mass of weaknesses and conceits that compose their being they compress
into their ideal mold of man, and then regard the shape as their own.
What composes it they do not heed.

No man, however, could look in the refined face of Walter Colman and
imagine him cherishing sordid views of life. Asked what of all things he
most admired, he might truly answer, "The imaginative intellect." He was
a fledgling poet. He worshiped what he called thoughts, would rave about
a thought in the abstract, apostrophize an uncaught idea. When a
concrete thinkable one fell to him, he was jubilant over the isolate
thing, and with his joy value had nothing to do. He would stand wrapped
in the delight of what he counted its beauty, and yet more in the
delight that his was the mind that had generated such a meteor! To be
able to think pretty things was to him a gigantic distinction! A thought
that could never be soul to any action, would be more valuable to him
than the perception of some vitality of relation demanding the activity
of the whole being. He would call thoughts the stars that glorify the
firmament of humanity, but the stars of his firmament were merely
atmospheric - pretty fancies, external likenesses. That the grandest
thing in the world is to be an accepted poet, is the despotic craze of a
vast number of the weak-minded and half-made of both sexes. It feeds
poetic fountains of plentiful yield, but insipid and enfeebling flow,
the mere sweat of weakness under the stimulus of self-admiration.



Walter was the very antipode of the Molly he counted commonplace, one
outside the region of poetry; she had a passion for turning a _think_
into a thing. She had a strong instinctive feeling that she was in the
world to do something, and she saw that if nobody tried to keep things
right, they would go terribly wrong: what then could she be there for
but to set or keep things right! and if she could do nothing with the
big things, she must be the busier with the little things! Besides, who
could tell how much the little might have to do with the big things! The
whole machine depended on every tiny wheel! She could not order the
clouds, but she could keep some weeds from growing, and then when the
rain came, they would not take away the good of it!

The world might be divided into those who let things go, and those who
do not; into the forces and facts, the slaves and fancies; those who are
always doing something on God's creative lines, and those that are
always grumbling and striving against them.

"Another penny for your thought, Walter!" said Molly.

"I am not going to deal with you. This time you would not think it worth
a penny! Why are you so inquisitive about my thoughts?"

"I want to know what you meant when you said the other day that thoughts
were better than things."

Walter hesitated. The question was an inclined plane leading to unknown
depths of argument!

"See, Walter," said Molly, "here is a _narcissus_ - a pheasant's eye:
tell me the thought that is better than this thing!"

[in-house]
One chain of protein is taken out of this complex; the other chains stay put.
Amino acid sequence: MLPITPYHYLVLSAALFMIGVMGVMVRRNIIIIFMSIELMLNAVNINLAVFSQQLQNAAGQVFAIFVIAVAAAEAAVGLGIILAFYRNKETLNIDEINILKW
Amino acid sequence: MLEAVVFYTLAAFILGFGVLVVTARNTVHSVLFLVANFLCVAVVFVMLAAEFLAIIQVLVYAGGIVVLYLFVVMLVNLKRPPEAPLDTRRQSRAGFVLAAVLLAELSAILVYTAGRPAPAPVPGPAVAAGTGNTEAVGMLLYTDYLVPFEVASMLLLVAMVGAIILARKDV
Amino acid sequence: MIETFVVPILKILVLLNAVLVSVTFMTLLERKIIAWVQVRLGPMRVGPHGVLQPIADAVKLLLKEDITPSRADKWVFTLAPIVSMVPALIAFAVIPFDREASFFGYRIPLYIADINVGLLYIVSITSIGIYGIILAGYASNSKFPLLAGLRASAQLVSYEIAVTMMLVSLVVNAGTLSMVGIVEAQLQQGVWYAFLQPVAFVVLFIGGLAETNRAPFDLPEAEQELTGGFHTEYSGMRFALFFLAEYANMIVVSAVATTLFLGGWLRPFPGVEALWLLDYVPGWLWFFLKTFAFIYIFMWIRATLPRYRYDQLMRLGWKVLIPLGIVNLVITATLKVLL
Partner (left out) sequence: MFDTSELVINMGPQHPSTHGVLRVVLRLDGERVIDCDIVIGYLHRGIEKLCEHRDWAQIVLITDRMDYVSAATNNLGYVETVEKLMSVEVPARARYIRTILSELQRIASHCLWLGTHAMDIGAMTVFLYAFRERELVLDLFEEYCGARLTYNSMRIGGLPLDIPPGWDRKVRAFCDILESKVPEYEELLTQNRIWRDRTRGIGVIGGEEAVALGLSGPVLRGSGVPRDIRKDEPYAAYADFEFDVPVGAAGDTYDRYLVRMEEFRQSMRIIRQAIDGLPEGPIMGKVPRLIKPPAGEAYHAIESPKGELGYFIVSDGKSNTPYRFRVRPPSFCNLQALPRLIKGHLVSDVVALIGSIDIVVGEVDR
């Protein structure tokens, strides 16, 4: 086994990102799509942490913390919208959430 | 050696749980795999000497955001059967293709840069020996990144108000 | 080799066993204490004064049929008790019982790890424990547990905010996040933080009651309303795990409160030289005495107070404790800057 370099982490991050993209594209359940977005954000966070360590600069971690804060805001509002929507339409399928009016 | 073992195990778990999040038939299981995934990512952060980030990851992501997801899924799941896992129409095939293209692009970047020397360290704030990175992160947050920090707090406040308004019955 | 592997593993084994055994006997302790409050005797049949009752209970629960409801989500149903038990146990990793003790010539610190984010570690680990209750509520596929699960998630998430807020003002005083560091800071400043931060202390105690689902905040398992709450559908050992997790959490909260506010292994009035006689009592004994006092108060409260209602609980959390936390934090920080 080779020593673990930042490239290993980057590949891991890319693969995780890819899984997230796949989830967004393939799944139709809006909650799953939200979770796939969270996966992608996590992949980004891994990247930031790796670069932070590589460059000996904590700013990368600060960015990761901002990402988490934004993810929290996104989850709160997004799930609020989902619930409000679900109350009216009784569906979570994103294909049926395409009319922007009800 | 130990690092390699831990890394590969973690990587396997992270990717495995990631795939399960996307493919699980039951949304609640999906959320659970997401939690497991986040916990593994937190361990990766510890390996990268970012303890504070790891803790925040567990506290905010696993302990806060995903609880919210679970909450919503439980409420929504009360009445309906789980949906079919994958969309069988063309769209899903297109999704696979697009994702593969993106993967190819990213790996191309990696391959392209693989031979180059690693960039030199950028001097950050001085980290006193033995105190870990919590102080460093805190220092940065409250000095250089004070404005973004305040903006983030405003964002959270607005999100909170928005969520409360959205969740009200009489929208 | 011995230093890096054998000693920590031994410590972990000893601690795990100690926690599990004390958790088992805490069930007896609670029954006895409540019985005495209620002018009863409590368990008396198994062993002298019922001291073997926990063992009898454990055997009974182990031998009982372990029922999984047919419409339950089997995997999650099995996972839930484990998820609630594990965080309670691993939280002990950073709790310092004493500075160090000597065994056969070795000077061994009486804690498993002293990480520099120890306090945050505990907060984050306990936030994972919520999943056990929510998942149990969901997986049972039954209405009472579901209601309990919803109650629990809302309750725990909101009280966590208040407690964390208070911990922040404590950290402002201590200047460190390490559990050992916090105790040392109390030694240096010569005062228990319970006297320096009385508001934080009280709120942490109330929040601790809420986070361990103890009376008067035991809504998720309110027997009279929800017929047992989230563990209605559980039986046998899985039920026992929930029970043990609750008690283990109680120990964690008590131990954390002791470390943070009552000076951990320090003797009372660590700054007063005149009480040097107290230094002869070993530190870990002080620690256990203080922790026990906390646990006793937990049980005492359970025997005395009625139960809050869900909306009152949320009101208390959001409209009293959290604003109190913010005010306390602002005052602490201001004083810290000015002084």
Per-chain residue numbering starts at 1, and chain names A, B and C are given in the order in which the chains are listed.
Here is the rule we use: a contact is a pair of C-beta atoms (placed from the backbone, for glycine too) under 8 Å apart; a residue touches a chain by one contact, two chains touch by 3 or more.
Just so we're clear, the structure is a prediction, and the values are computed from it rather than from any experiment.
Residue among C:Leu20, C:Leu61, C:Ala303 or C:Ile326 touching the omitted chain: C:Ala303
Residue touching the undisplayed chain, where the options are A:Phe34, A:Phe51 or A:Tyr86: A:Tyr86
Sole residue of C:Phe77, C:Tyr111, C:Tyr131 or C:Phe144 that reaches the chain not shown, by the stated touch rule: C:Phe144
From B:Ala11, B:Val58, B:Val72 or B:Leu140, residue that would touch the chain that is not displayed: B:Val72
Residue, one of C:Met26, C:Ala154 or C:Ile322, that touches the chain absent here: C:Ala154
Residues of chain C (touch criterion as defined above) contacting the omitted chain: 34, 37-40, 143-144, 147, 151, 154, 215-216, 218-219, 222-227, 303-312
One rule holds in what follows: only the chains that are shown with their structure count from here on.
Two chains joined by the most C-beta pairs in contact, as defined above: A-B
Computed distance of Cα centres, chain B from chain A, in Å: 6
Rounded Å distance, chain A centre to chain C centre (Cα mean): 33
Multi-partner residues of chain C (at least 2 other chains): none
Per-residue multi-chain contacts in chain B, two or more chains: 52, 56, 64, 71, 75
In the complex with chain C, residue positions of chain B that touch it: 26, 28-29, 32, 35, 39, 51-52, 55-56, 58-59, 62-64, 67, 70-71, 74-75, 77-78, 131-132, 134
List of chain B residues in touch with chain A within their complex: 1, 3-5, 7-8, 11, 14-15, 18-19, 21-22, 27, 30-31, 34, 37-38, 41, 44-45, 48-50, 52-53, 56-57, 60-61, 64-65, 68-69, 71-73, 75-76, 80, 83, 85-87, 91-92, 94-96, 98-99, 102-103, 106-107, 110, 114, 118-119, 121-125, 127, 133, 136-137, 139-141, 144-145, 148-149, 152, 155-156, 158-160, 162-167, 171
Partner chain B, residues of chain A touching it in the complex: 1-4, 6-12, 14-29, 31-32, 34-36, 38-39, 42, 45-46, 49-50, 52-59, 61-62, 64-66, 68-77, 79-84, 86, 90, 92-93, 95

How troublesome girls were when they asked questions!

"Well," he said, not very logically, "that narcissus has nothing but air
around it; my thought of the narcissus has mind around it."

"Then a thought is better than a thing because it has thought round
about it?"

"Well, yes."

"Did the thing come there of itself, or did it come of God's thinking?"

"Of God's thinking."

"And God is always the same?"


"Then God's thought is about the narcissus still - and the narcissus is
better than your thought of it!"

Walter was silent.

"I should so like to understand!" said Molly. "If you have a thought
more beautiful than the narcissus, Walter, I should like to see it! Only
if I could see it, it would be a thing, would it not? A thing must be a
think before it be a thing. A thing is a ripe think, and must be better
than a think - except it lose something in ripening - which may very well
be with man's thoughts, but hardly with God's! I will keep in front of
the things, and look through them to the thoughts behind them. I want to
understand! If a thing were not a thought first, it would not be worth
anything! And everything has to be thought about, else we don't see what
it is! I haven't got it quite!"

Instead of replying, Walter rose, and they walked to the house side by
side in silence.

"Could a thought be worth anything that God had never cared to think?"
said Molly to herself as they went.



Mr. Colman and his adopted daughter were fast friends - so fast and so
near that they could talk together about Walter, though but the adoptive
brother of the one, and the real son of the other. Richard had
inherited, apparently, his wife's love to Molly, and added to it his
own; but their union had its root in the perfect truthfulness of the
two. Real approximation, real union must ever be in proportion to mutual
truthfulness. It was quite after the usual fashion, therefore, between
them, when Molly began, to tell her father about the conversation she
had had with Walter.

"What first made you think, Molly, of such a difference between thoughts
and things?" asked Mr. Colman.

"I know quite well," answered Molly. "You remember our visit to your old
school-friend, Mr. Dobson?"

"Of course; perfectly."

Mr. Dobson was a worthy clergyman, doing his weary best in a rural

"And you remember Mrs. Evermore?"


"You thought her name a funny one; but you said it ought to have been
_'Nevermore,'_ because she seemed never to get any further!"

"Come, come, Molly! that won't do! It was you, not I, that said such a
spiteful thing!" "It was true any way!" answered Molly; "and you agreed
with me; so if I said it first, you said it last! Well, I had to study
this Mrs. Evermore. From morning to night she was evermore on the hunt
after new fancies. She watched for them, stalked them, followed them
like a boy with a butterfly-net She caught them too, of the sort she
wanted, plentifully. But none ever came to anything, so far as I could
see. She never did anything with one of them. Whatever she caught had a